After re-emergeing the apr-util-0.9.12-r1, apache2 starts normally.

The problem is actually caused by the “-X” option of revdep-rebuild command, which emerges the best (currrently is the latest stable) packages available. In this apr-util case, it will emerge apr-util-1.2.8.

So for slotted packages, don’t use “-X” option for revdep-rebuild command.
Shaochun Wang


Quick Howto: Setting up SNMP and MRTG

June 18, 2007

This article might be a bit outdated on some parts but just Google if problems arise.


SNMP and MRTG graphs

Statistics and graphs are nice way to follow what the machine is doing. Just a little bit of configuration and scripts you can use f. ex. servers’, routers’ and firewalls’ operational statistical data from their Object Identifiers (OID) with the help of Simple Network Management Protocol (SNMP) and Management Information Base (MIB) which define the available OID functions.

For more detailed how-to, check out: http://www.siliconvalleyccie.com/linux-hn/mrtg.htm#_Toc92809393 or a bit Gentoo specific guide http://forums.gentoo.org/viewtopic-t-105865-highlight-mrtg+rrdtool.html

Tools for the job

From Gentoo package-format:

* [net-analyzer/net-snmp]
* [net-analyzer/mrtg]
* [net-analyzer/rrdtool]
* [net-www/apache]

SNMP

We want to restrict the use of SNMP to local network so we edit SNMP’s config file which contains the community string and other parameters. Our selected community string here is “humppa”.

/etc/snmp/snmpd.conf

com2sec    local    localhost    humppa
com2sec    network_1    172.168.1.0/24    humppa
com2sec    network_2    192.168.1.0/24    humppa
 
group    MyROGroup    v1    local
group    MyROGroup    v1    network_1
group    MyROGroup    v1    network_2
 
view    all-mibs    included    .1    80
 
access   MyROGroup  ""  v1  noauth  0  all-mibs  none  none

So now:

  • only 3 networks (localhost, 172.168.1.0/24, and 192.168.1.0/24) are allowed to use SNMP with humppa community string.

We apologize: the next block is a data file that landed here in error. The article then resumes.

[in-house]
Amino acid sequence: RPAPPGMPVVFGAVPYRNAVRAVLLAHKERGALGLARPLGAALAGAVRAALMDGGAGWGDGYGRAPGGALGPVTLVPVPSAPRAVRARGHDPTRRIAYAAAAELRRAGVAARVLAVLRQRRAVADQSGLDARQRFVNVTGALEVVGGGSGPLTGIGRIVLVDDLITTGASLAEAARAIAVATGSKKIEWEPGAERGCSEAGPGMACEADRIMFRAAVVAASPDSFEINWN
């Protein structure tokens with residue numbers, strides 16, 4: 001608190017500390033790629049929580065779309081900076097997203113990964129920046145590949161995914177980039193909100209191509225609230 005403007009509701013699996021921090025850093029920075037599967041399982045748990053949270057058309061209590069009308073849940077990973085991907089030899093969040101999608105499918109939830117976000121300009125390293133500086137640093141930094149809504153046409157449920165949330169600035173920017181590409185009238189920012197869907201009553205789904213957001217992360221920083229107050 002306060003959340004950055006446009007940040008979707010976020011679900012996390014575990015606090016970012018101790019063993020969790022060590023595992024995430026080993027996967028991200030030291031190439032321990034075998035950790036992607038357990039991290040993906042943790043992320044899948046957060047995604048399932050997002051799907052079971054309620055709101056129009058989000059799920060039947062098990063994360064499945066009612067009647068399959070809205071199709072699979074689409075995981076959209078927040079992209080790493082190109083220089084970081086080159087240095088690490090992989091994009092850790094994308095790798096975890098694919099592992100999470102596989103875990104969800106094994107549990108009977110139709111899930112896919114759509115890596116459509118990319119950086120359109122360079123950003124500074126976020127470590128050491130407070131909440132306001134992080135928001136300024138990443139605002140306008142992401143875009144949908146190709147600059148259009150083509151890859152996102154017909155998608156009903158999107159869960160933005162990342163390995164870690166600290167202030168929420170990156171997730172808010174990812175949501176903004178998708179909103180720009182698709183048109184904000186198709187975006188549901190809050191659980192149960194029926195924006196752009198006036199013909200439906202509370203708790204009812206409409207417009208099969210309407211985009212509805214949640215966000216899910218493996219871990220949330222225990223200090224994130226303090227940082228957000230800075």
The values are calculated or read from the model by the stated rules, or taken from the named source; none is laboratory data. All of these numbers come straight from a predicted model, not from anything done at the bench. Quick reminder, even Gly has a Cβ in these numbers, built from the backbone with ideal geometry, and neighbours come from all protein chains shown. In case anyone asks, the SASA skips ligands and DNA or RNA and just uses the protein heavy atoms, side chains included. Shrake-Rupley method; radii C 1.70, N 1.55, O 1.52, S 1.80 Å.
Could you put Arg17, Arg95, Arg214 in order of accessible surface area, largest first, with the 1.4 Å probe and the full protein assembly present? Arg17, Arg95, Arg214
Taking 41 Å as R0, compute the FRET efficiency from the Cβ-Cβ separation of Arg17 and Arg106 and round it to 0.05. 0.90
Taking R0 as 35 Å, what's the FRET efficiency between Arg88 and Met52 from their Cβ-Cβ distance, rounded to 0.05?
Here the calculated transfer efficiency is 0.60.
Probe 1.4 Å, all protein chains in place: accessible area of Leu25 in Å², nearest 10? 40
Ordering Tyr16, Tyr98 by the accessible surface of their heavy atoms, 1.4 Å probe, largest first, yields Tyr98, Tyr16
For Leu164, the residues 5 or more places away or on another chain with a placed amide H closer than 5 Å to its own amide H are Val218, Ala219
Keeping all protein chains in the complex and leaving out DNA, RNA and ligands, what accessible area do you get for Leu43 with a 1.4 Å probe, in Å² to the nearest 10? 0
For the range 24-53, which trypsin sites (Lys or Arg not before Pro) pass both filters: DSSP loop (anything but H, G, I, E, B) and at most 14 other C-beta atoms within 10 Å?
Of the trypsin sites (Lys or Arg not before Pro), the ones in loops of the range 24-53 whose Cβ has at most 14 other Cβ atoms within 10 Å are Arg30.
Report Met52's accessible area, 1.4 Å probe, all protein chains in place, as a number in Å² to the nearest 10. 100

• Every network is on the MyROGroup and defined to use SNMP version 1 protocol with all MIBs.
  • Only Reading the MIBs is allowed and thus the write section is “none”.

Start the SNMP service:

root@pikseli ~ # /etc/init.d/snmpd start
* Starting net-snmpd ... [ ok ]

Add the service to always start after reboots:

 ~ # rc-update add snmpd default
 * snmpd added to runlevel default
 * rc-update complete.

Test that the SNMP works with snmpwalk

~ # snmpwalk -v 1 -c humppa localhost system
SNMPv2-MIB::sysDescr.0 = STRING: Linux pikseli 2.6.11-ck1 #1 Fri Mar 4 01:59:56 EET 2005 x86_64
SNMPv2-MIB::sysObjectID.0 = OID: NET-SNMP-MIB::netSnmpAgentOIDs.10
SNMPv2-MIB::sysUpTime.0 = Timeticks: (13374) 0:02:13.74
SNMPv2-MIB::sysContact.0 = STRING: xyz@qwe.fi
SNMPv2-MIB::sysName.0 = STRING: mysupercomputer
...
...
~ # snmpwalk -v 1 -c humppa localhost interface
IF-MIB::ifNumber.0 = INTEGER: 3
IF-MIB::ifIndex.1 = INTEGER: 1
IF-MIB::ifIndex.2 = INTEGER: 2
IF-MIB::ifIndex.3 = INTEGER: 3
IF-MIB::ifDescr.1 = STRING: eth0
IF-MIB::ifDescr.2 = STRING: lo
IF-MIB::ifDescr.3 = STRING: eth1
...
...
~ #

MRTG

MRTG Graphs on mysupercomputer

MRTG (Multi-Router Traffic Grapher) is a tool to draw some graphs from different statistical sources and they can look like the image on the right.

Configuring MRTG

MRTG’s config file is usually found in /etc/mrtg/mrtg.cfg and the resulting files are usually found under the Web Server’s root (f. ex. /var/www/mrtg/).

Mrtg Config:

LogFormat: rrdtool
EnableIPv6: no
Options[_]: bits,growright

# System: My Super Computer
# Description: Linux mysupercomputer 
# Contact: -
# Location: Finland

# Global configuration
LoadMIBs: /usr/share/snmp/mibs/UCD-SNMP-MIB.txt, \
/usr/share/snmp/mibs/TCP-MIB.txt, \ 
/usr/share/snmp/mibs/HOST-RESOURCES-MIB.txt

Title[server.net]: a 10MB line to Internet
PNGTitle[server.net]: Internet Traffic
PageTop[server.net]: <H1>Link to the Internet</H1>
Target[server.net]: 1:humppa@localhost
MaxBytes[server.net]: 10000000
YLegend[server.net]: kbps
Options[server.net]: growright

# Established TCP Connections
Target[server.estabcons]: tcpCurrEstab.0&tcpCurrEstab.0:humppa@localhost
Title[server.estabcons]: Currently Established TCP Connections
PNGTitle[server.estabcons]: Currently Established TCP Connections
PageTop[server.estabcons]: <H1>Established TCP Connections</H1>
MaxBytes[server.estabcons]: 10000000000
ShortLegend[server.estabcons]:
YLegend[server.estabcons]: Connections
LegendI[server.estabcons]: In
LegendO[server.estabcons]:
Legend1[server.estabcons]: Established connections
Legend2[server.estabcons]:
Options[server.estabcons]: growright,nopercent,gauge

# New TCP Connection Monitoring (per minute)
Target[server.newconns]: tcpPassiveOpens.0&tcpActiveOpens.0:humppa@localhost
Title[server.newconns]: Newly Created TCP Connections
PNGTitle[server.newconns]: Newly Created TCP Connections
PageTop[server.newconns]: <H1>New TCP Connections